I’ve had this idea rolling around in my head for a few months, but it was watching the VOD of !!Con (BangBangCon) that finally pushed me write this post and really begin to figure out how to start tackling this project rather than just have it stuck in my head.
In 2009, the website PlayByEmail, built a robot called the Dice-O-Matic to roll a bunch of D6 dice to use as the random numbers used on the website rather than rely on digital random methods. Beware your volume, this video is rather loud as the Dice-O-Matic is loud.
I’ve always loved this idea. Not that I don’t trust digital randomness to be random-enough, but I love the idea of a tangible dice machine that could generate random numbers for use in virtual D&D or simply as a random generator.
What I would ideally love is actually something more akin to a desk sculpture, something that is compact enough and quiet enough, that I could set it up on my desk and let it run. Have it as a conversation piece and distraction.
Necessity is the mother of invention. But necessity also removes a playfulness and freedom from this sort of project. On the one hand, I have no timeline for it. I have no hard deadline.
This is a purely fun project that I can come back to from time to time and no requirement for ongoing attention. It’s something I can fiddle with.
And I have learned, one of the keys to my own sanity, is to have exactly this sort of project.
On top of that, this is a project which will require a number of learnings, and honestly that is super exciting to me. I understand the concepts of almost everything in this project, and yet I look at it and realize there is almost no part that I can pick out and go, “I know exactly how to do that.”
I’ve done a few iterations, but I would really consider this my first concept sketch for this project.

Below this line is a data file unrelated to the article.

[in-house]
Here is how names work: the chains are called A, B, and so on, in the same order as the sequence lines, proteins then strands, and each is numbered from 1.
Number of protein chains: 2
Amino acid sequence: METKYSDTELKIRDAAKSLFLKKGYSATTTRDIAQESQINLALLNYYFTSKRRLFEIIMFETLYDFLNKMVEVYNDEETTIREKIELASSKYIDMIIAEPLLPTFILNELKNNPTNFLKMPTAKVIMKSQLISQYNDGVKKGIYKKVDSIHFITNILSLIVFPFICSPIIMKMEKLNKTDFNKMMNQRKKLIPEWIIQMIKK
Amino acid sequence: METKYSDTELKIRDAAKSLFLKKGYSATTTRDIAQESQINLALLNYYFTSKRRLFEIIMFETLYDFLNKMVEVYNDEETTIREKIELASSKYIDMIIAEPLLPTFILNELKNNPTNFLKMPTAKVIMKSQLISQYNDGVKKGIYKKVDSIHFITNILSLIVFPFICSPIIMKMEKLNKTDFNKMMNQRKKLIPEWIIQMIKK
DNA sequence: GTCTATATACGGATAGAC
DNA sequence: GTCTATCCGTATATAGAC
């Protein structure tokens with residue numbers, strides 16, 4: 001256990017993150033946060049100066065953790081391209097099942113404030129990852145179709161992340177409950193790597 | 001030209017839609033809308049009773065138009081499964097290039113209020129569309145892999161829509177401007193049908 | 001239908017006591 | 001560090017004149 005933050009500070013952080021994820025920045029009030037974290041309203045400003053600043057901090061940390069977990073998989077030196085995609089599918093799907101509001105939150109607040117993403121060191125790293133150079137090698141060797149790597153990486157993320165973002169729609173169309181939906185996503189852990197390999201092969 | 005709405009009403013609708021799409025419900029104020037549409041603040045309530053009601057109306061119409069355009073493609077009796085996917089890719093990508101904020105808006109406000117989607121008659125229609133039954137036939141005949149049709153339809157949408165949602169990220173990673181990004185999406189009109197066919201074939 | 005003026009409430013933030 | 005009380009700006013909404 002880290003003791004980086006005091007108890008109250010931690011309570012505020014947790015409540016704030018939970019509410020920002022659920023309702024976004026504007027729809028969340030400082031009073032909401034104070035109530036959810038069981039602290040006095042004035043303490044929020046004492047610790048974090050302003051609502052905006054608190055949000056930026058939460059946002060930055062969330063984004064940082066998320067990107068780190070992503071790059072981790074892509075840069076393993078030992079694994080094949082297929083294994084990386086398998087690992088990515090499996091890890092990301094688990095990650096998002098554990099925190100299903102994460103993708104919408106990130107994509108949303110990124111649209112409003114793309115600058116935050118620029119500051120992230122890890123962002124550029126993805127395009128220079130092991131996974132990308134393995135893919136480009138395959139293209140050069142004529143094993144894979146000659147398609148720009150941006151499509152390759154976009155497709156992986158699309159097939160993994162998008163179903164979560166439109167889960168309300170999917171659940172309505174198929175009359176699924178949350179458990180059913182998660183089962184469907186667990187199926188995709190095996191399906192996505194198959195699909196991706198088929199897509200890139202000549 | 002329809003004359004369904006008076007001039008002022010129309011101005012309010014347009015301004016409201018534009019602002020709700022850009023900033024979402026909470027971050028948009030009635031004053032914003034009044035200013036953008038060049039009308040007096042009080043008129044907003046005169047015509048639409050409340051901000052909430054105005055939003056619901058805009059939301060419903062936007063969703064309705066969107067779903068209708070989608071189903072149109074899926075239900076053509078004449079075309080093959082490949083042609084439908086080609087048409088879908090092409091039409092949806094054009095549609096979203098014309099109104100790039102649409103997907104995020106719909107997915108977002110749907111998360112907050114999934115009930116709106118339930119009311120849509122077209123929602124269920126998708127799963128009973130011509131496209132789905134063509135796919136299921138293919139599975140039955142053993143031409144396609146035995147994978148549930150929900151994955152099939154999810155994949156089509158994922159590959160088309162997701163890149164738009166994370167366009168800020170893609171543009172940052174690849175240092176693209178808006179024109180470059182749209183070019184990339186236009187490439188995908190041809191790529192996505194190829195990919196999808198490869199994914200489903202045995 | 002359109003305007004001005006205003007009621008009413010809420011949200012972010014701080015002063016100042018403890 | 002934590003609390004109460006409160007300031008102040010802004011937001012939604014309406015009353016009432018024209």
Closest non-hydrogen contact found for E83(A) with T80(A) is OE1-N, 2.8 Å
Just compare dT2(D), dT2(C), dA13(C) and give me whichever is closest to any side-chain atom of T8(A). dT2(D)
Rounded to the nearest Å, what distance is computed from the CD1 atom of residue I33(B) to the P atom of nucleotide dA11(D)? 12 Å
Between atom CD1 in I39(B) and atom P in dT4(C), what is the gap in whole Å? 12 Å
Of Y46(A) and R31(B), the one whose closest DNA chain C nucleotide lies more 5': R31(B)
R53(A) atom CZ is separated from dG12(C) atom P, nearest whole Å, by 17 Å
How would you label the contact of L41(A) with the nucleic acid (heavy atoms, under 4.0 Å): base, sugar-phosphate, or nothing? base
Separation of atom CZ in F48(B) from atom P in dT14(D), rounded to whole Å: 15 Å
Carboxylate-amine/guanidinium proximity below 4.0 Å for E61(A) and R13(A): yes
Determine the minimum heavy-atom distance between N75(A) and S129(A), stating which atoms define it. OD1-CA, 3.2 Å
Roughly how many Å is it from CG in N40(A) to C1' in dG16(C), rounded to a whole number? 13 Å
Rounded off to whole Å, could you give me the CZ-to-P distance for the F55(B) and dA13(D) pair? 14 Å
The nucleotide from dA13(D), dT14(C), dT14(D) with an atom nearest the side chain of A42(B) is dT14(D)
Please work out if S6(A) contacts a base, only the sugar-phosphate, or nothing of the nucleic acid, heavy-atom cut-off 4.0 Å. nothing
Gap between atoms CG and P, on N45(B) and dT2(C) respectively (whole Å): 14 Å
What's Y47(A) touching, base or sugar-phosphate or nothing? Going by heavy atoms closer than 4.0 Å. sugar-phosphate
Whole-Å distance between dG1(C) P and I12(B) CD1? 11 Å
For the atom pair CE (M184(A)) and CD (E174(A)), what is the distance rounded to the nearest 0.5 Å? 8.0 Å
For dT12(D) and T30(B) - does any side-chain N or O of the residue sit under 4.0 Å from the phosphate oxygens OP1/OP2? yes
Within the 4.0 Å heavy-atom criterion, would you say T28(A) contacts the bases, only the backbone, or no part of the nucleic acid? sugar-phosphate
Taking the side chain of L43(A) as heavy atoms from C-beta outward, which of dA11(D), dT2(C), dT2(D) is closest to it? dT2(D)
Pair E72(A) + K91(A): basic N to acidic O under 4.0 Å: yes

A – This is the roller box. It has a unique shape.
B – A D20, a twenty-sided die
C – In the roller box, these are stairs or ridges, high enough to agitate the dice and ensure it tumbles rater than just slides
D – A motor mounting on the box which is used to rotate the A box 90 or degrees in a back and forth motion. I have it pictured outside here, but I imagine it is probably attached behind it or done smartly to minimize space it takes.
E – This is a pair of webcams which will capture the upward face of the D20.
Not pictured: Raspberry Pi controller for activation of the motor as well as the processing the d20 cameras and recording the results.
In terms of size, I’m imagining it is 12″x12″x6″ or so. I doubt the first iteration will get down to that size, but I won’t consider it done until it fits into that space. Maybe I’ll find that’s just not doable, but I have to believe it is.
The D20 part of this project is something that could be interesting. One of the things The Dice-O-Matic did was it used a brand of D6 which had color-coded faces to aid in the computer-vision reading of the upward facing side.
So, I am wondering if I might need a blank D20, and then develop a color-coding / simple patterning for computer vision readability. An example could be, Red X = 1, Blue X = 6, Yellow X = 11, Black X = 16. Red O = 2, Blue O = 7, etc.
It could also be that computer vision processing has progressed far enough since the days of the Dice-o-matic.
Once I have the visual processing figured out, then comes the question of what to do with the D20 rolls. I assume I just keep it in a running text file and then can pull from it whenever I need a d20 roll for D&D online. Or maybe something else, no idea.
Humorously, what to do with these rolls is not something I really care that much about.
So that’s the idea. Here’s my sketch of what I think my process will be:
- Build the roller box.
- Figure out motor solution for rolling the box back and forth
- Attach Raspberry Pi to control motor
- Attach cameras and solve computer vision of rolling result tracking
- Implement full control and tracking of rolls
Simple enough, Right?
(We all know it’s not going to be that simple, right?)